In 1988, the Australian Open held its first match in the Rod Laver Arena, a new stadium featuring a retractable roof that could be closed in the event of rain or excessive heat. It was a novelty. In the years since, as television dollars have become critical to a sporting event’s financial health, Tennis Australia’s once far-sighted contingency planning has come to seem like plain old common sense. (The Australian Open’s Hisense Arena also features a retractable roof.)
Almost 10 years later, the United States Tennis Association opened the gates to its new show court, Arthur Ashe Stadium. At almost 23,000 seats, the colossal venue was, and remains, the largest arena in tennis. For a minute, at least, the stadium’s designers considered equipping the arena with a roof, but then thought better of it. Too expensive. After all, meteorological history suggested that, in New York’s late summer, rain wasn’t a big enough threat to warrant the expense of a roof.
Whoops! The USTA’s judgment was a triumph of probabilities over consequences, the mark of an incompetent steward.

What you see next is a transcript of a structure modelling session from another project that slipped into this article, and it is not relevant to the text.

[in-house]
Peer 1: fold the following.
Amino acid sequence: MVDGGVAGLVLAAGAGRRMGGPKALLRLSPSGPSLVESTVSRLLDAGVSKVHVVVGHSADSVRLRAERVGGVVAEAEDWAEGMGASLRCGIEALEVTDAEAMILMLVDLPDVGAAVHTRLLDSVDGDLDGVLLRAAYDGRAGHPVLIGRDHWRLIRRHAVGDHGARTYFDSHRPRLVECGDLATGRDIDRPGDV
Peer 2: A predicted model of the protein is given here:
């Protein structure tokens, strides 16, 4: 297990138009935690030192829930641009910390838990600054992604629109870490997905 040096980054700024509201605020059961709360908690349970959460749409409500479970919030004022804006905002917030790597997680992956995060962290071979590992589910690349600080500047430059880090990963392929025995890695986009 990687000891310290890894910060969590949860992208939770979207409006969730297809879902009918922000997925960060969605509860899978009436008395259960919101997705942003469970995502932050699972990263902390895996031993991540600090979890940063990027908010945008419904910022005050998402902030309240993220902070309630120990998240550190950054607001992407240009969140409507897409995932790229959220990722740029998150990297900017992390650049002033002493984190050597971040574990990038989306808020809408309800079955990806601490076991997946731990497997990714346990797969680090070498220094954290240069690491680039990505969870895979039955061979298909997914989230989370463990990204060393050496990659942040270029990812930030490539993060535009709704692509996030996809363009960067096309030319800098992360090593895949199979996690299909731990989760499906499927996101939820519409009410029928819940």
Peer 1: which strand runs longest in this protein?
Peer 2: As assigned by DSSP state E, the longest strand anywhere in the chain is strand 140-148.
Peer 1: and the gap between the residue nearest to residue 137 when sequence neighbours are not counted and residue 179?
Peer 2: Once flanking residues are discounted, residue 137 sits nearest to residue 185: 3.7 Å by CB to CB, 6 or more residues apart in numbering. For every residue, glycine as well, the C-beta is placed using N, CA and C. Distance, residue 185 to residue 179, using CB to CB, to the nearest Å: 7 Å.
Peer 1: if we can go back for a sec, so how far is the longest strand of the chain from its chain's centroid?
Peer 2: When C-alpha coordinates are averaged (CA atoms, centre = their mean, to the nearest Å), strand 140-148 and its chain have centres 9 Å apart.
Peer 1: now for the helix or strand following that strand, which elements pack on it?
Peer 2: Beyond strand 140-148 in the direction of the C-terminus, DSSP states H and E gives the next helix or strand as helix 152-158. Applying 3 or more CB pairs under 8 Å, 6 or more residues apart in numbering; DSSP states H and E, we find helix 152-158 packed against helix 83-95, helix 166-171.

This is the second year in a row that rain will disrupt the conclusion of the U.S. Open. Rafael Nadal’s quarterfinal battle against Fernando Gonzalez has been suspended until Saturday, at the earliest. (Chuckles. Welcome to hurricane season in the Big Apple.) If all goes well, the men’s semifinals will be played on Sunday, and then the finals on Monday, when everyone is back at work and more or less disengaged from the sporting passions that infuse a big event on the weekend.
The U.S. Open has lost its immediacy. The build to a Sunday throwdown, two contenders battling for one of the biggest prizes in sport, has collapsed as we flip through the TV listings to find out wonder whether the year’s U.S. Open final will take place before or after Dr. Phil. Television network executives are no doubt reconsidering how much they’re willing to pay for an event that, as exciting as it may be, is impossible to plan for with confidence.
Hindsight is 20-20, of course, but it’s hard not to see the USTA’s decision as a colossal misjudgment. The rain my not be as persistent in New York as in London, but weather data suggest that New York gets more of it in August and September, more than Paris and Melbourne, too.
But there’s a critical difference between those Slams and New York’s U.S. Open. The U.S. Open is the only one with no plans immediate plans for a roof.